By Gene Meyer | Kansas Reporter
FAIRWAY — Kansas’ top election officials say they are confused about why the Republican National Committee this week named the state among a list of six in which touch machines incorrectly recorded votes.
Committee chief counsel John R. Phillippe Jr., in a letter to Kansas Secretary of State Kris Kobach and five other state elections chiefs, expressed concern that “in a significant number of cases, voting machines in your states have populated a vote for Barack Obama when a voter cast his or her ballot for Mitt Romney.”
The letter does not claim any votes for a wrong candidate were actually cast or recorded on touch-screen machines, which voters in those states use. Kansas machines ask voters to review and then either amend or confirm their choices before the ballot is formally cast.
“Our elections division had no specific reports of any such incident before we received the letter,” said Kay Curtis, the Kansas Secretary of State’s communications director.
The secretary’s general counsel has asked Phillippe for more information about any specific Kansas incidents of malfunctioning machines, she said.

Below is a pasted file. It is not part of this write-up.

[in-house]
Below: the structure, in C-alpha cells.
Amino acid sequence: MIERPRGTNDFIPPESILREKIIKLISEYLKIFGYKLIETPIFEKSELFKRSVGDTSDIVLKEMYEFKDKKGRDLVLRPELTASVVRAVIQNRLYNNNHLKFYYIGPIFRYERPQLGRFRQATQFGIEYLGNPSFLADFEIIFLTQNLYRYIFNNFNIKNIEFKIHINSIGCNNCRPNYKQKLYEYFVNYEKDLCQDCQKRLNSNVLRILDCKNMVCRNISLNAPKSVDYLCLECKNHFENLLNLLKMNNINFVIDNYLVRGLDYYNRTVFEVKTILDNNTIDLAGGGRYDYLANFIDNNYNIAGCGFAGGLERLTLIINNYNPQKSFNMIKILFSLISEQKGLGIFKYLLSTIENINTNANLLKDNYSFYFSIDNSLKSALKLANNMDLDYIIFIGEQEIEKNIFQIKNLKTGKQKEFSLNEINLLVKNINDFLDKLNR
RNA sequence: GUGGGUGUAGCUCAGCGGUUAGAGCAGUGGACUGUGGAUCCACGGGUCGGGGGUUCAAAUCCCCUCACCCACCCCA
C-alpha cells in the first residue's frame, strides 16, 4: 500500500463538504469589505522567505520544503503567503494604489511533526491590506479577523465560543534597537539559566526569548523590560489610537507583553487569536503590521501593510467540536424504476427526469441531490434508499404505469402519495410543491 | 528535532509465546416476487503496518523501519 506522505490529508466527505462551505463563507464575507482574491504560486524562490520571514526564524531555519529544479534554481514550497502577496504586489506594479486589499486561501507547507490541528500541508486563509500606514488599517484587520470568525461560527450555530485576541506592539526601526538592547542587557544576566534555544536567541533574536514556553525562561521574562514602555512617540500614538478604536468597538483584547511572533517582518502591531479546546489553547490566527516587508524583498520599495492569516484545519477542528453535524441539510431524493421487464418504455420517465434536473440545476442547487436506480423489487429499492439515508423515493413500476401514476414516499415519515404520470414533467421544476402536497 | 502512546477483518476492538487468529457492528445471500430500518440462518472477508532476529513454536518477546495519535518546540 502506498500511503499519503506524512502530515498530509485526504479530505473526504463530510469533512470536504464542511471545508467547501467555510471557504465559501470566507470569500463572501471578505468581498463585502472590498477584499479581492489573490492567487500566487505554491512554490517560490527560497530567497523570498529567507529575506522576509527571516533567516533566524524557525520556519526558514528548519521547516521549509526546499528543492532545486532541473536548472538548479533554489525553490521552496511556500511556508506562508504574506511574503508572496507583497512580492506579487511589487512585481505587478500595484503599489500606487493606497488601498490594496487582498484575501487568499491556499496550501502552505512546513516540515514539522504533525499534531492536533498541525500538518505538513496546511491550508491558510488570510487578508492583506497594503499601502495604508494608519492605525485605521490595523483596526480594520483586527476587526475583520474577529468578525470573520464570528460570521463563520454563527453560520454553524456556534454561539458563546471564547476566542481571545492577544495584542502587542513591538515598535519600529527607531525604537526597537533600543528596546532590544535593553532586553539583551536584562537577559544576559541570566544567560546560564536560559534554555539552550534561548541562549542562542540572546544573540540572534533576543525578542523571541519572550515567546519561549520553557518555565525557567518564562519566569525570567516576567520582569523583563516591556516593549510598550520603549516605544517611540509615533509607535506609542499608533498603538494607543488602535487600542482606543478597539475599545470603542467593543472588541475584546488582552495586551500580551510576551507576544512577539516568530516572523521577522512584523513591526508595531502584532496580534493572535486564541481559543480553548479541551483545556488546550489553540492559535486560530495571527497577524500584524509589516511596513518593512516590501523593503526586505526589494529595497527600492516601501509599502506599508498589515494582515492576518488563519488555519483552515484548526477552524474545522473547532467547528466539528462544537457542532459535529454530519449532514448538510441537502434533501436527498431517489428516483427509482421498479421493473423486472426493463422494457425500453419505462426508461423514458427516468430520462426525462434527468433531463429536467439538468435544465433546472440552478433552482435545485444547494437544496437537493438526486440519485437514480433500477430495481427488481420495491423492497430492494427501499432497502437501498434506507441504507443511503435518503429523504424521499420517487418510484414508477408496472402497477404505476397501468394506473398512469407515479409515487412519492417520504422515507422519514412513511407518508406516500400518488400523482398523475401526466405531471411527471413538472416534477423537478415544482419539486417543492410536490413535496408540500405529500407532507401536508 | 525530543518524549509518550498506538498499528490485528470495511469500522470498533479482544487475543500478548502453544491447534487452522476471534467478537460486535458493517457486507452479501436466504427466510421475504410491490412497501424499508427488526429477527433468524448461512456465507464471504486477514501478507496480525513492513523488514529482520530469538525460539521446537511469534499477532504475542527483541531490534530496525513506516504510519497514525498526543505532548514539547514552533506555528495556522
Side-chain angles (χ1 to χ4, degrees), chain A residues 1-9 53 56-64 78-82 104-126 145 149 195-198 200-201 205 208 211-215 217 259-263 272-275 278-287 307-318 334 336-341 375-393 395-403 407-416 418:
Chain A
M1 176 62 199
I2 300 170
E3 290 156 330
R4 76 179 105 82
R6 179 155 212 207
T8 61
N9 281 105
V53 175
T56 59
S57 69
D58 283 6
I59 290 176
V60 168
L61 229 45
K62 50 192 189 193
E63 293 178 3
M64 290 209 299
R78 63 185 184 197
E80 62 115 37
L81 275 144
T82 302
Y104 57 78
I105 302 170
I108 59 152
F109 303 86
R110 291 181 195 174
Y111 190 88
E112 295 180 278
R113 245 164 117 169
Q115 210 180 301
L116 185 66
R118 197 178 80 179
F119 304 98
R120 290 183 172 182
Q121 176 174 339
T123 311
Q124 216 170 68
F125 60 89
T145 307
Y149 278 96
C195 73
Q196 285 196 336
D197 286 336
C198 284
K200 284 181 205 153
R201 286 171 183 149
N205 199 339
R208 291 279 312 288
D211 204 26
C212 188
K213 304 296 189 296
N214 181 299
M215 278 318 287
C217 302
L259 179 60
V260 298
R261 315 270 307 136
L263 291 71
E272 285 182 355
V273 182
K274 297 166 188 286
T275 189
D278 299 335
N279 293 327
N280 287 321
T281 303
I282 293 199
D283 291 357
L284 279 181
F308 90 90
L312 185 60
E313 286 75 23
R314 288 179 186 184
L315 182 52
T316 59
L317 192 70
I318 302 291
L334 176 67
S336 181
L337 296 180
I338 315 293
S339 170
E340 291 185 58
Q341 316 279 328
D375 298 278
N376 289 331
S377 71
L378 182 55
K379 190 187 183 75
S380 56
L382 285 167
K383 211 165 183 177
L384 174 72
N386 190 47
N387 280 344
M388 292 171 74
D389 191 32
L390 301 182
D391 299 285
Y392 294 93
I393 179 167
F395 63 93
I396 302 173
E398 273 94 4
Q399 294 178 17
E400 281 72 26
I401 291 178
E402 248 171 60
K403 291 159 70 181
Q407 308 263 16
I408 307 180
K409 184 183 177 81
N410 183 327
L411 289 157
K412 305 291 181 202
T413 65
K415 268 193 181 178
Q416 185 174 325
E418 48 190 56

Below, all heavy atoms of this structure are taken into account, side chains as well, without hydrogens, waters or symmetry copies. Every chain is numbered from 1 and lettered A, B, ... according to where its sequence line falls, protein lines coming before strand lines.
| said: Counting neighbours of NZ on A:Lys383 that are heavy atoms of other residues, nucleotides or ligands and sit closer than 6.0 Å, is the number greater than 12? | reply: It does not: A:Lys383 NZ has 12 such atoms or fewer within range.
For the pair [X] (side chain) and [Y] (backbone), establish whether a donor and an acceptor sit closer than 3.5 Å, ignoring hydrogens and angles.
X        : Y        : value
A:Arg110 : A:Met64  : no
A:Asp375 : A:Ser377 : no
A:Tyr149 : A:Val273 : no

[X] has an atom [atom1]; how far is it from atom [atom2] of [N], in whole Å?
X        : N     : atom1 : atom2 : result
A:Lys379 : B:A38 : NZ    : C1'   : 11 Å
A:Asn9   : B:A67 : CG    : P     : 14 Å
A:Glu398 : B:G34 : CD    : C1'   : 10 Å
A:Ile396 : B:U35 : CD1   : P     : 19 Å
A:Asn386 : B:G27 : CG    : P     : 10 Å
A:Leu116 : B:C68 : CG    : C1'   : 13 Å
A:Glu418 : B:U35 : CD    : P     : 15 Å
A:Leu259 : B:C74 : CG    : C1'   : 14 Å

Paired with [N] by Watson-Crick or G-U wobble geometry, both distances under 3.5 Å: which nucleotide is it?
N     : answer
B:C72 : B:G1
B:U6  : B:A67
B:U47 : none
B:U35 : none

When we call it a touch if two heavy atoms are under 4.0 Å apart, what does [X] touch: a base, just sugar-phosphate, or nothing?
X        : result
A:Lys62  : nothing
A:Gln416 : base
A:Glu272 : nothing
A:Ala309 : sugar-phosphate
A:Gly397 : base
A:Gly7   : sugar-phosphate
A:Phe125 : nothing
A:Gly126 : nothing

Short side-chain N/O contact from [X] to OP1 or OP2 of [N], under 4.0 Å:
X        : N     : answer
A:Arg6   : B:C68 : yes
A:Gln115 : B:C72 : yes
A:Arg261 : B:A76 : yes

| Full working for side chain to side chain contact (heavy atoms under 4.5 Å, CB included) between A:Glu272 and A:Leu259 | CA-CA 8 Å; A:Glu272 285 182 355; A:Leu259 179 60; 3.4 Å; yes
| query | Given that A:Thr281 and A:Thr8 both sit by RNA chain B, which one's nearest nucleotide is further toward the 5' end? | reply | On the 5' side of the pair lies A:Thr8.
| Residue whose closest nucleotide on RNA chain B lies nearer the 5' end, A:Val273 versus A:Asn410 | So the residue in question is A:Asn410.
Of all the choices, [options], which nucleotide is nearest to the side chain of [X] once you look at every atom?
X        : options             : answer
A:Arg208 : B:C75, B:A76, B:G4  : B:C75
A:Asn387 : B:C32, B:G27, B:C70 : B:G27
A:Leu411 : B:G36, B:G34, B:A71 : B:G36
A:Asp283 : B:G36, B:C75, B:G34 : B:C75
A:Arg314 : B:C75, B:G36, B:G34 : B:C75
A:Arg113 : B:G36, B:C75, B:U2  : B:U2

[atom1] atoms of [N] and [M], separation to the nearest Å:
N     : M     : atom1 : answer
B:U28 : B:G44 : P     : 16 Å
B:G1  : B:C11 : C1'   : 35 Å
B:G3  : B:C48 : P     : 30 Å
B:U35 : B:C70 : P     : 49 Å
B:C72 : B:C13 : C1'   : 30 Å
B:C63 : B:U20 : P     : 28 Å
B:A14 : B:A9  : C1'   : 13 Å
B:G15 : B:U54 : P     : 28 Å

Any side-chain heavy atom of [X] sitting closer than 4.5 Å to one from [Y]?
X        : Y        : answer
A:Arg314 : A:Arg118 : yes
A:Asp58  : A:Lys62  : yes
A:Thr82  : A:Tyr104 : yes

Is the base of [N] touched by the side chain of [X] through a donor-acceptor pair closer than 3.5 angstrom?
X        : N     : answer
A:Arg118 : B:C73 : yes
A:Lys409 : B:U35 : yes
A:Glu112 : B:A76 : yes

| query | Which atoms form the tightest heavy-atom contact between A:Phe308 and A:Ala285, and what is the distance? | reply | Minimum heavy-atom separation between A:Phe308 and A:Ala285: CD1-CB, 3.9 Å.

Shawnee County Election Commissioner Andrew Howell in Topeka said his staff replaced one machine that early voters were using in his election office when a voter complained it appeared to be recording her vote incorrectly.
“We don’t know if it was or not,” Howell said. “But we replaced it right away and won’t put it back into service until we are sure it’s working.”
It could not be determined Friday if anything similar has happened elsewhere in Kansas since advance voting opened Oct. 22. About 245,000 Kansans have cast ballots since then, or about 55,000 fewer than in 2008 advance voting. Kobach this week projected about 68 percent of the state’s voters will turn out this year, the lowest such total since 2000.
Phillippe in his letter asked Kobach and the other secretaries of state to recalibrate all touch-screen machines before Tuesday and to take extra steps to remind users of those machines to double-check their ballots before casting them.
Those other states include Nevada, North Carolina, Ohio, Missouri and Colorado.
Election commissioners in each of Kansas’ 105 counties choose the precise voting system and equipment their local voters use from a group of 10 vendors approved by the state. None of those vendors returned calls about their machines Friday.
Contact Gene Meyer@firstname.lastname@example.org